Monday, October 07, 2013

Un Prophète

2009, France, directed by Jacques Audiard

Audiard has never lack ambition -- after getting his directorial feet wet with the retrospectively fairly straightforward character study/thriller Regarde les hommes tomber he quickly took on the Occupation period with Un Héros très discret -- but this still feels more expansive than most of his previous work, partly because of the ample running time and more especially for the attempt to create a comprehensive picture of the criminal underworld, in and outside prison. Indeed, Audiard somehow manages to squeeze a storyline similar to that of an entire season of the French crime drama Engrenages into 150 minutes, compressing time without compromising our understanding of the central character's ambitious progress up the criminal food chain.

As a portrait of the prison world, it's dispiriting at best: no re-education here, except in the intricacies of criminal methods and leadership, and there are fascinating insights into the creative ways to turn guards and other prison personnel in order to effect special privileges or introduce a variety of contraband. The final shot makes abundantly clear just what we've been watching, and perhaps best exemplifies the central character's Godfather-esque self-image as an essentially benevolent family man presiding over an empire of great financial and physical power -- self-deception being a critical component of such a rise through the ranks, not least in order to deal with some of the more extreme choices he has made.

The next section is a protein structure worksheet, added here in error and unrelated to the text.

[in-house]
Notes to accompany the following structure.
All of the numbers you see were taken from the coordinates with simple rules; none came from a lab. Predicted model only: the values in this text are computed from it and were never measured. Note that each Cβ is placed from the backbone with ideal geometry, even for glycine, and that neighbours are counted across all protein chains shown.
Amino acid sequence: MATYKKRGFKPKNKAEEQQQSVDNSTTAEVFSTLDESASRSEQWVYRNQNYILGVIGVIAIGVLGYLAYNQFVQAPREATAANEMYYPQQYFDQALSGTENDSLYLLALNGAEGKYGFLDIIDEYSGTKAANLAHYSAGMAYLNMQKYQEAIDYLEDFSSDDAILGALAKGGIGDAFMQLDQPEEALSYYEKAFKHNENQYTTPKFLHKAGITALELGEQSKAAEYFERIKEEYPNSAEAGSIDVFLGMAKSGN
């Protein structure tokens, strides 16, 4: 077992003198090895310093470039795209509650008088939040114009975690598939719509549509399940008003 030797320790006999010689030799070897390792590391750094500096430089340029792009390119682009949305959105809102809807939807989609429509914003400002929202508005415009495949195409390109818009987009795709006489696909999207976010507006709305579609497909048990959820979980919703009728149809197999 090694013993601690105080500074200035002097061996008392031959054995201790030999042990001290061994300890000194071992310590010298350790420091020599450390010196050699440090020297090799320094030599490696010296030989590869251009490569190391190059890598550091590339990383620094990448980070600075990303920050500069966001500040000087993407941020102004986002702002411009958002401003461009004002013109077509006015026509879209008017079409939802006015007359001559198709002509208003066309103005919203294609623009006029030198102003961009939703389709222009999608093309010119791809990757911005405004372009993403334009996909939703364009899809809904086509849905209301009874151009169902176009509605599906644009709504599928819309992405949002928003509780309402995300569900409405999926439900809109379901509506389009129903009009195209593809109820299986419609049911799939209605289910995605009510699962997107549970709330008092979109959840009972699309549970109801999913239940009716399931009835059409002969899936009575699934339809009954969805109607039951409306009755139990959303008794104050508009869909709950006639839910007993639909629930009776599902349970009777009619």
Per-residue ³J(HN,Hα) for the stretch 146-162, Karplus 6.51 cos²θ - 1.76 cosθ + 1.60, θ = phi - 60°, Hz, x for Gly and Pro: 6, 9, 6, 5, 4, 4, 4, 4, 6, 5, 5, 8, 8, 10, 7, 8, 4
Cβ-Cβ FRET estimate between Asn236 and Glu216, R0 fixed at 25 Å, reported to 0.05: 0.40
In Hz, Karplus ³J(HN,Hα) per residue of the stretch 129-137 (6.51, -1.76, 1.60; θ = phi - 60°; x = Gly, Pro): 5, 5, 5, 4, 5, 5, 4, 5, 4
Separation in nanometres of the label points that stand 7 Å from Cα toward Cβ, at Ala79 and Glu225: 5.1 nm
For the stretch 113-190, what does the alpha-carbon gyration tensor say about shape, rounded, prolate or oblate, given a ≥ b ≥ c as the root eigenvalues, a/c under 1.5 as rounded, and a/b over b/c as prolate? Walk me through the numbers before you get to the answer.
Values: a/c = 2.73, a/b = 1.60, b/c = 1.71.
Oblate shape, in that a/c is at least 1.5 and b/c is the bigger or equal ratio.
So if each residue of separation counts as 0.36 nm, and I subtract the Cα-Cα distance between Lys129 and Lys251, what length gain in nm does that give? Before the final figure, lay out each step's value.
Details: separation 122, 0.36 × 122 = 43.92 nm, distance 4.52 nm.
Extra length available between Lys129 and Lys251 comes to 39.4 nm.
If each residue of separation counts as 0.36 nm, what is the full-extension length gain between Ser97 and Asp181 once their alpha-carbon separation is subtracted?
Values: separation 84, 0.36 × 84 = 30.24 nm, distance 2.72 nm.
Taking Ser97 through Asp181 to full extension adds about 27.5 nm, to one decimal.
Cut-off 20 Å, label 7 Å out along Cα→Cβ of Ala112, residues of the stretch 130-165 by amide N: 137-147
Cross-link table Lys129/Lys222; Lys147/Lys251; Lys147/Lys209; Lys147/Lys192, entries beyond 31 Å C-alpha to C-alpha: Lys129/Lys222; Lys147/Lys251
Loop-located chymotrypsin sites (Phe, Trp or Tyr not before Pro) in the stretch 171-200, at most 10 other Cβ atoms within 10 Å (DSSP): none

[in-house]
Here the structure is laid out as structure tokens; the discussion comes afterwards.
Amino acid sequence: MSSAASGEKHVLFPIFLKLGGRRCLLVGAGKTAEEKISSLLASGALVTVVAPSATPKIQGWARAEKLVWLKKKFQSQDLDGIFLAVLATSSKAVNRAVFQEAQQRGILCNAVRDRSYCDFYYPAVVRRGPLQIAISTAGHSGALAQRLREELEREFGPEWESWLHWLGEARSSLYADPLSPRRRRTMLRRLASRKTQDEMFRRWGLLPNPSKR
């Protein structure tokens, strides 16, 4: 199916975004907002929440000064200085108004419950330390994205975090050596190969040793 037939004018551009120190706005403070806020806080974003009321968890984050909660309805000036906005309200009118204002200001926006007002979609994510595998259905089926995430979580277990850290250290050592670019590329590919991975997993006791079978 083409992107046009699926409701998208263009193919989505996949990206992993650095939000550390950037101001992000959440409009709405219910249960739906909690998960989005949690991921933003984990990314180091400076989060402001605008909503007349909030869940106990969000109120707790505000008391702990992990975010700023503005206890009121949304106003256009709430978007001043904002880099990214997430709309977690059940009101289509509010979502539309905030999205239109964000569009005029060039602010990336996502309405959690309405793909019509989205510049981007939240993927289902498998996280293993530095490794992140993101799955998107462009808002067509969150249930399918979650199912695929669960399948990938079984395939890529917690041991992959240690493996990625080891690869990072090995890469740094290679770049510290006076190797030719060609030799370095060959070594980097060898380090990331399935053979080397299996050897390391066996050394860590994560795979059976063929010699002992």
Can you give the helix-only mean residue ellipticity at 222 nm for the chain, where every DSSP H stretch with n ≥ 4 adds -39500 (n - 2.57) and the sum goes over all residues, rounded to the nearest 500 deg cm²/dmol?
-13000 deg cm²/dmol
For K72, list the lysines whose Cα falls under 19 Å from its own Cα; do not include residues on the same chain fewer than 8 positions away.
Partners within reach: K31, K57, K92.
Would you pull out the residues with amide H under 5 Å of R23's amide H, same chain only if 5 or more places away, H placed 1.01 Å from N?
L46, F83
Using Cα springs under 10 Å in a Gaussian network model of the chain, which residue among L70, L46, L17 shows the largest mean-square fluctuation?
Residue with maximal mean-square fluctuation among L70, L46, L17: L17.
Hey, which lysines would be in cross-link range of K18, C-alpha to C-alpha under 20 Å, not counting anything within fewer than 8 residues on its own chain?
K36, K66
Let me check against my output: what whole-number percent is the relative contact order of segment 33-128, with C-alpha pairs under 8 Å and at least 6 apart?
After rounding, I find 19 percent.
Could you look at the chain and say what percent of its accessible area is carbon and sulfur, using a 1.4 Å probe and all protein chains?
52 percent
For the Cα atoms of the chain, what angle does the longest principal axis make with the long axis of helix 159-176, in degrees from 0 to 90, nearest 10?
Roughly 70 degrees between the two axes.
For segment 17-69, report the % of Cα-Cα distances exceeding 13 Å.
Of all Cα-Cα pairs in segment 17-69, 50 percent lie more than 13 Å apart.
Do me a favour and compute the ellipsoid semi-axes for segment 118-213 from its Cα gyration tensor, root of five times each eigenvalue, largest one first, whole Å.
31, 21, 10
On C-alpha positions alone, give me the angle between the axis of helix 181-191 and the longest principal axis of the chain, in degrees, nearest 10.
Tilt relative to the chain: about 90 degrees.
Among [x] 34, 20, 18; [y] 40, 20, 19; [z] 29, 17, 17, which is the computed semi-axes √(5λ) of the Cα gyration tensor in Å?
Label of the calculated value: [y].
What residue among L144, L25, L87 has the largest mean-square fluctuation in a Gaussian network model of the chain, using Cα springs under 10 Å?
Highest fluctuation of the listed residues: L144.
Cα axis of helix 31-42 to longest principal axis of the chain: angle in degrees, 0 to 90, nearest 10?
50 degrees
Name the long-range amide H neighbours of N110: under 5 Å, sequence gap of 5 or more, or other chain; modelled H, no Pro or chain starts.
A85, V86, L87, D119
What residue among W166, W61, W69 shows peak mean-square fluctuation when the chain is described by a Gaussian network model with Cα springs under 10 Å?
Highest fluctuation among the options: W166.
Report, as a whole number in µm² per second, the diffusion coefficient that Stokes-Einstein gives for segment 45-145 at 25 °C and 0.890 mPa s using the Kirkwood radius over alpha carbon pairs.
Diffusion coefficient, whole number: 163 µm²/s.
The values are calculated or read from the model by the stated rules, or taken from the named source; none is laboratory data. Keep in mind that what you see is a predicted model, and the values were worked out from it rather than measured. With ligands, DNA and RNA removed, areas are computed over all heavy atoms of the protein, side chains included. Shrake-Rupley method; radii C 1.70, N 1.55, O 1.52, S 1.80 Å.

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Boston, Massachusetts, United States